5 Ways To Develop Critical Thinking Skills
As we begin a new school year, teachers will focus on teaching and learning. In the 1980s, the focus was on content knowledge and mastery learning. Today’s student must be able to apply content knowledge and conceptual understanding across content areas. Application is also known as transfer. According to Grant Wiggins (2013), “Transfer is the bottom-line goal of all learning, not scripted behavior. Transfer means that a learner can draw upon and apply from all of what was learned, as the situation warrants, not just do one move at a time in response to a prompt.”
“Teachers in thinking classrooms understand how to use concepts to integrate student thinking at a deeper level of understanding – a level where knowledge can be transferred to other situations and times” (Erickson, 2007, p. 22). How can teacher teams design curriculum and instruction that create ‘thinking classrooms’? Skills such as critical thinking, problem solving, collaboration, and applying academic knowledge are in high demand, even for students who graduate from high school and enter the workforce without a college degree.
Can you identify the last time your assignment required students to engage in a productive struggle? One barrier to critical thinking in classrooms is the temptation to march through standards and to cover each unit of study. Standards are not designed to be a checklist and students need time for reflection. Students develop deeper understanding when they have time to struggle. Too often, U.S. classrooms provide a safe zone where failure is not an option. It is not an option, because students are spoon fed the correct answer, rather than asking students to create, collaborate, think critically, analyze, write, and explore.
What does productive struggle look like? “In a productive struggle, students grapple with the issues and are able to come up with a solution themselves, developing persistence and resilience in pursuing and attaining the learning goal or understanding” (Allen, 2012, A Conversation with Author and Educator Robyn Jackson). Classroom assignments should be designed with the end in mind. “In other words, if we want students to be able to apply their learning via autonomous performance, we need to design our curriculum backward from that goal” (McTighe and Wiggins, 2012, p. 9). Once teachers identify the learning target, they should design assignments and assessments that allow students to think critically and apply their understanding.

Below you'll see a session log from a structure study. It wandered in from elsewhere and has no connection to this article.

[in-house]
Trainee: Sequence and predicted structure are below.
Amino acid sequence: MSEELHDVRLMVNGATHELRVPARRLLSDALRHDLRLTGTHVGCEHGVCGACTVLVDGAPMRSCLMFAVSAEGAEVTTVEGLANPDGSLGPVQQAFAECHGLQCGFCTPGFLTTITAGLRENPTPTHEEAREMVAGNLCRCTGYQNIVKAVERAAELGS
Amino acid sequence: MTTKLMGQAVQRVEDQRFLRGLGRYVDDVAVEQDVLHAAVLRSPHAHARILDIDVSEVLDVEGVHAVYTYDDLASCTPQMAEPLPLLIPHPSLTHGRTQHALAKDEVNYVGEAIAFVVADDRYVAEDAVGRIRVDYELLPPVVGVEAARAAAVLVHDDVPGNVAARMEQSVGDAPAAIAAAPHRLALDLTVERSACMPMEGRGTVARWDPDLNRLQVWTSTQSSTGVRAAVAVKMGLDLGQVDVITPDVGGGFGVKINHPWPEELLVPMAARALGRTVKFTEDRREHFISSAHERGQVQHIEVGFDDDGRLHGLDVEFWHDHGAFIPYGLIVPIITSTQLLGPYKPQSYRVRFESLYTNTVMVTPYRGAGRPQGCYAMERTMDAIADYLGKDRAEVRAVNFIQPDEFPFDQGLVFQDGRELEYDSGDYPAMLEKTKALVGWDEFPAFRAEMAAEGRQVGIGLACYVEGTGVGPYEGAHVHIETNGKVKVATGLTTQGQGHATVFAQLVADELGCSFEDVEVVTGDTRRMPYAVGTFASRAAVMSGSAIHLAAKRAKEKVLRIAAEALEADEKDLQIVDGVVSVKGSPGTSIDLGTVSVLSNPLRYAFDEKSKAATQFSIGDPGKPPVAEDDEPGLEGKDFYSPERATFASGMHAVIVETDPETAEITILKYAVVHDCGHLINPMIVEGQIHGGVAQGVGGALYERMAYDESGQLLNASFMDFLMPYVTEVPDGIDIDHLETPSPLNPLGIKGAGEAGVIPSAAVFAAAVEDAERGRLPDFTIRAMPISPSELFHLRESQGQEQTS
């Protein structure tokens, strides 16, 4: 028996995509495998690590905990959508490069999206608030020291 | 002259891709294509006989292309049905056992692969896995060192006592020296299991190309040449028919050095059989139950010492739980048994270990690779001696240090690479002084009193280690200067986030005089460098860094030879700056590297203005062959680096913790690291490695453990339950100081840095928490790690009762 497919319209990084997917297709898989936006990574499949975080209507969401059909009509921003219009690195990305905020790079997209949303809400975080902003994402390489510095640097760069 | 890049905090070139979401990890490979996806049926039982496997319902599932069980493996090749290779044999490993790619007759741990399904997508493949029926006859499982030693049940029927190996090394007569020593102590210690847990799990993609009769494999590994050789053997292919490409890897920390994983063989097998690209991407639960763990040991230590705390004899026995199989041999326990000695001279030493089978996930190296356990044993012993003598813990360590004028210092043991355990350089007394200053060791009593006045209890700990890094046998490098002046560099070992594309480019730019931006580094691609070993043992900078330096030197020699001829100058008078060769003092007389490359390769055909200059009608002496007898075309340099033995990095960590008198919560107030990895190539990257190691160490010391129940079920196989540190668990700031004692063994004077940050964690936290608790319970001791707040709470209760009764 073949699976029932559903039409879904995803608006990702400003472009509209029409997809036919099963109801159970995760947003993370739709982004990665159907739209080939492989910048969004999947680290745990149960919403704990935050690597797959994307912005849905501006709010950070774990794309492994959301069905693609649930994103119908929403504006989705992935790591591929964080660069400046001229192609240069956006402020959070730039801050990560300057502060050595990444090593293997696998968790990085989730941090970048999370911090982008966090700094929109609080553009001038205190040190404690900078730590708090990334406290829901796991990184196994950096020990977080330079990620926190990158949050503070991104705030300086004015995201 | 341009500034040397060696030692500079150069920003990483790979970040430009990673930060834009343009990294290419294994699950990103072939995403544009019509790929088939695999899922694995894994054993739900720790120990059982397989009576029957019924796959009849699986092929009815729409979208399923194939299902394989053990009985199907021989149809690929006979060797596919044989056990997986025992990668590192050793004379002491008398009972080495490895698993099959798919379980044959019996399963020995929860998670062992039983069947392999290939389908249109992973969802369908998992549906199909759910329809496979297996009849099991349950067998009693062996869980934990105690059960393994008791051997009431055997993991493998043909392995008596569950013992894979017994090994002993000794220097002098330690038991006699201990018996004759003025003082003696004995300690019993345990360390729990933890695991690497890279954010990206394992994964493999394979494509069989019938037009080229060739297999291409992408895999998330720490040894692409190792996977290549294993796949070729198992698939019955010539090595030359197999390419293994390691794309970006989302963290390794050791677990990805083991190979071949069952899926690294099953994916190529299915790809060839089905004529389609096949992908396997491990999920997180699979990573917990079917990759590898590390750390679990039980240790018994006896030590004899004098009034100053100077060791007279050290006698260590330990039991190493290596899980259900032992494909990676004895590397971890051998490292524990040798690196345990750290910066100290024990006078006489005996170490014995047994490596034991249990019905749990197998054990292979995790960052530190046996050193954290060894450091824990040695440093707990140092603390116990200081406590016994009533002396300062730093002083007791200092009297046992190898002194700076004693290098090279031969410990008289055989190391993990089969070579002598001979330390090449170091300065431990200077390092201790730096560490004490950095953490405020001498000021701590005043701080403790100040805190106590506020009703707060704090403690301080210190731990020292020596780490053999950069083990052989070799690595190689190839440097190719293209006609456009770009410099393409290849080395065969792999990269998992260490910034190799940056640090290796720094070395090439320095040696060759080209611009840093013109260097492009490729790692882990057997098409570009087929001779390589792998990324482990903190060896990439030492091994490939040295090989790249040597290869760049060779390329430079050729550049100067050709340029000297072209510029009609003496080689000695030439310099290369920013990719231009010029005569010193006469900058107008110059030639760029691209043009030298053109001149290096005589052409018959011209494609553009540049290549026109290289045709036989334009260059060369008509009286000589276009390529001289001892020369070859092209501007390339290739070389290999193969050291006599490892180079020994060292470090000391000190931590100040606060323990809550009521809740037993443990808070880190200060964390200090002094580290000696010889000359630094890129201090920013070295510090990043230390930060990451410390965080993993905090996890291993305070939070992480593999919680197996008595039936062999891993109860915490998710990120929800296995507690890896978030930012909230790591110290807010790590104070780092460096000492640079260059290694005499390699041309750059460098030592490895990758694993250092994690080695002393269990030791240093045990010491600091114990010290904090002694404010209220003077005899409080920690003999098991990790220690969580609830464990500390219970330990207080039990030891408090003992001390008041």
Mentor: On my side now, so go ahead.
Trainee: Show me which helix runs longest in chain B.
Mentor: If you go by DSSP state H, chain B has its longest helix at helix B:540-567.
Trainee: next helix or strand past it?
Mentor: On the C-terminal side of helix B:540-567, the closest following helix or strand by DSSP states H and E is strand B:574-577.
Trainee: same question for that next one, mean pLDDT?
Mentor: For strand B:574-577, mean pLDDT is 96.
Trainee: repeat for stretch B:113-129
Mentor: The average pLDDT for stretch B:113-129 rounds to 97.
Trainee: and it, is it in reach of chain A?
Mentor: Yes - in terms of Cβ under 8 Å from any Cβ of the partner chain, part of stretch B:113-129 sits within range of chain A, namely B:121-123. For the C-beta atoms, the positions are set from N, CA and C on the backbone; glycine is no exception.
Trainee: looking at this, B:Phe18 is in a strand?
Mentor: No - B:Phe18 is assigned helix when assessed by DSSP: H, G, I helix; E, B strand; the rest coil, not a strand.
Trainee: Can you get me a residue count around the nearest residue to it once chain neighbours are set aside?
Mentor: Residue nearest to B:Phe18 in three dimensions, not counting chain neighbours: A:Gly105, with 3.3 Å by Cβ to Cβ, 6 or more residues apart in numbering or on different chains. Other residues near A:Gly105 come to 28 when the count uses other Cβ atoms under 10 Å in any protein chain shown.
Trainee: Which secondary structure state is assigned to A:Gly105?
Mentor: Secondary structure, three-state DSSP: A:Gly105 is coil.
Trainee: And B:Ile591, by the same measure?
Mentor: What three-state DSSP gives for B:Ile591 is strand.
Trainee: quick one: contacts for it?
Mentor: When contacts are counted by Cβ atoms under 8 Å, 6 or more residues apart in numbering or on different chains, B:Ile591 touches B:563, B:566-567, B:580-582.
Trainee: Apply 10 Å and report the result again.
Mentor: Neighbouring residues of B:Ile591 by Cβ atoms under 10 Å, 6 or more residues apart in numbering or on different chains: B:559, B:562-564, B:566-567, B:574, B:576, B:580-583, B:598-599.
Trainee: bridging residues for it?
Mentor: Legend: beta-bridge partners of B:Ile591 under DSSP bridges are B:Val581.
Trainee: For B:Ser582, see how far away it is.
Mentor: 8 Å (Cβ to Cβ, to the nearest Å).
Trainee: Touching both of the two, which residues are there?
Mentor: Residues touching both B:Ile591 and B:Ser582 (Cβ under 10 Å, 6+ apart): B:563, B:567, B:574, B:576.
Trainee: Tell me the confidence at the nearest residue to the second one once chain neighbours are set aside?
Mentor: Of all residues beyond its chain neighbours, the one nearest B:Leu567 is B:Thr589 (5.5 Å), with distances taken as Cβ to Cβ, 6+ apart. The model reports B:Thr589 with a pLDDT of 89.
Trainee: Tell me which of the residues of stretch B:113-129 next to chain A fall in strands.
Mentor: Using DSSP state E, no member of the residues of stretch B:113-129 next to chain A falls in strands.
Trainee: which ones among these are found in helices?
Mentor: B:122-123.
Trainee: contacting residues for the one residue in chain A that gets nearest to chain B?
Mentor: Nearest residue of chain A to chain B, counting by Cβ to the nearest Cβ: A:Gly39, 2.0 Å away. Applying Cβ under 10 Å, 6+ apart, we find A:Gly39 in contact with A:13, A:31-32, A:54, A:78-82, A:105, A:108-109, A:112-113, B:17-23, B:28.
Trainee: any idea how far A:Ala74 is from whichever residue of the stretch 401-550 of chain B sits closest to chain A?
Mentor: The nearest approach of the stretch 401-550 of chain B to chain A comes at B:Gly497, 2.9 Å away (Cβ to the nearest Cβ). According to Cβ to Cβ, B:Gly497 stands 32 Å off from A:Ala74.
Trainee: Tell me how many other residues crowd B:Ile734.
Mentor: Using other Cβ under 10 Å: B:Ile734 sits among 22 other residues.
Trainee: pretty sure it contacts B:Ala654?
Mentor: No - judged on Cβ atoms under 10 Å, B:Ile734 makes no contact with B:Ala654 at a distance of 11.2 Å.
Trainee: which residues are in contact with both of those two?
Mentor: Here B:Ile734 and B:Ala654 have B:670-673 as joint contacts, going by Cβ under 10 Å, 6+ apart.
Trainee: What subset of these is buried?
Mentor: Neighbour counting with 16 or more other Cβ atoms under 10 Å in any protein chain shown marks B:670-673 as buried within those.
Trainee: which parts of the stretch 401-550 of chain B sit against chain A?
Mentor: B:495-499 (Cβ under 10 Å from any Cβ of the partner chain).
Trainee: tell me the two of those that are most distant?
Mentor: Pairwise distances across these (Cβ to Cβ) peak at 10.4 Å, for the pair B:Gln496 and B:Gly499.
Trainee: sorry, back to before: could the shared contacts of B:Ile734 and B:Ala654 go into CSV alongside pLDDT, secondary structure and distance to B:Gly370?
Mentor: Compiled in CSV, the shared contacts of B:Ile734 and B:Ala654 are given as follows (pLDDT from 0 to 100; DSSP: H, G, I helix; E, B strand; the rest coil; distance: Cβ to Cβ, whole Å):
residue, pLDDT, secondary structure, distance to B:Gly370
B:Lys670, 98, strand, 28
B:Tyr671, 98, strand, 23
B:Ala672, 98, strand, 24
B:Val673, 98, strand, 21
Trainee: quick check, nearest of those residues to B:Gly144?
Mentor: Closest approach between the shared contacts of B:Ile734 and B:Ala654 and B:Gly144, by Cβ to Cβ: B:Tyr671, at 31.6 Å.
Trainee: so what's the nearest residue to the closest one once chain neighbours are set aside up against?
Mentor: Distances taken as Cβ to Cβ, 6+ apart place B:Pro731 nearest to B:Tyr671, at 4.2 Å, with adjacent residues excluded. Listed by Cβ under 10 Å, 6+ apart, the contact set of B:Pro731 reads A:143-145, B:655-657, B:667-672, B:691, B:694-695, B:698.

5 Ways To Develop Critical Thinking Skills
Accountable Talk provides a structured format for students, so all students know how to engage in the conversation and how to ask their partner thought-provoking questions. Accountable Talk is a method of inquiry that sharpens students' thinking by reinforcing their ability to reflect and think critically. For more resources on Accountable Talk, visit The Institute For Learning.
Grant Wiggins and Jay McTighe highlighted the importance of essential questions in their books on curriculum design. An essential question supports student understanding and often crosses disciplines. An essential question is timeless, rather than the typical multiple choice questions students are asked from kindergarten to twelfth grade. When teacher teams discuss essential questions, it provides clarity for a unit and a course. Employers continue to seek high school and college graduates who can think critically, solve problems, create, and add value to an organization. When students learn to answer essential questions, they will become more valuable to the workforce. What essential questions will be explored at your school this year?
A “Quick Write” is a strategy to support reflection, critical thinking, and application. A quick write could be on a post-it note, a journal, or on an exit ticket. “Creating a space for your students to write often and routinely in a low-pressure way allows more creativity to discover what they might want to say—and to see what they don’t want to write about” (Alber, 2016). Writing allows students to make meaning of what they are learning. “Teachers who promote reflective classrooms ensure that students are fully engaged in the process of making meaning. They organize instruction so that students are the producers, not just the consumers, of knowledge” (Costa & Kallick, 2008).
Formative Assessment is a method of measuring student understanding. In some schools across the United States, this term has become confused with benchmark testing and test prep. Formative assessment, done well, represents one of the most powerful instructional tools available to a teacher (Stiggins & DuFour, 2009). If you would like to strengthen Formative Assessment in your school, visit 60 Non-Threatening Formative Assessment Techniques (TeachThought, 2015).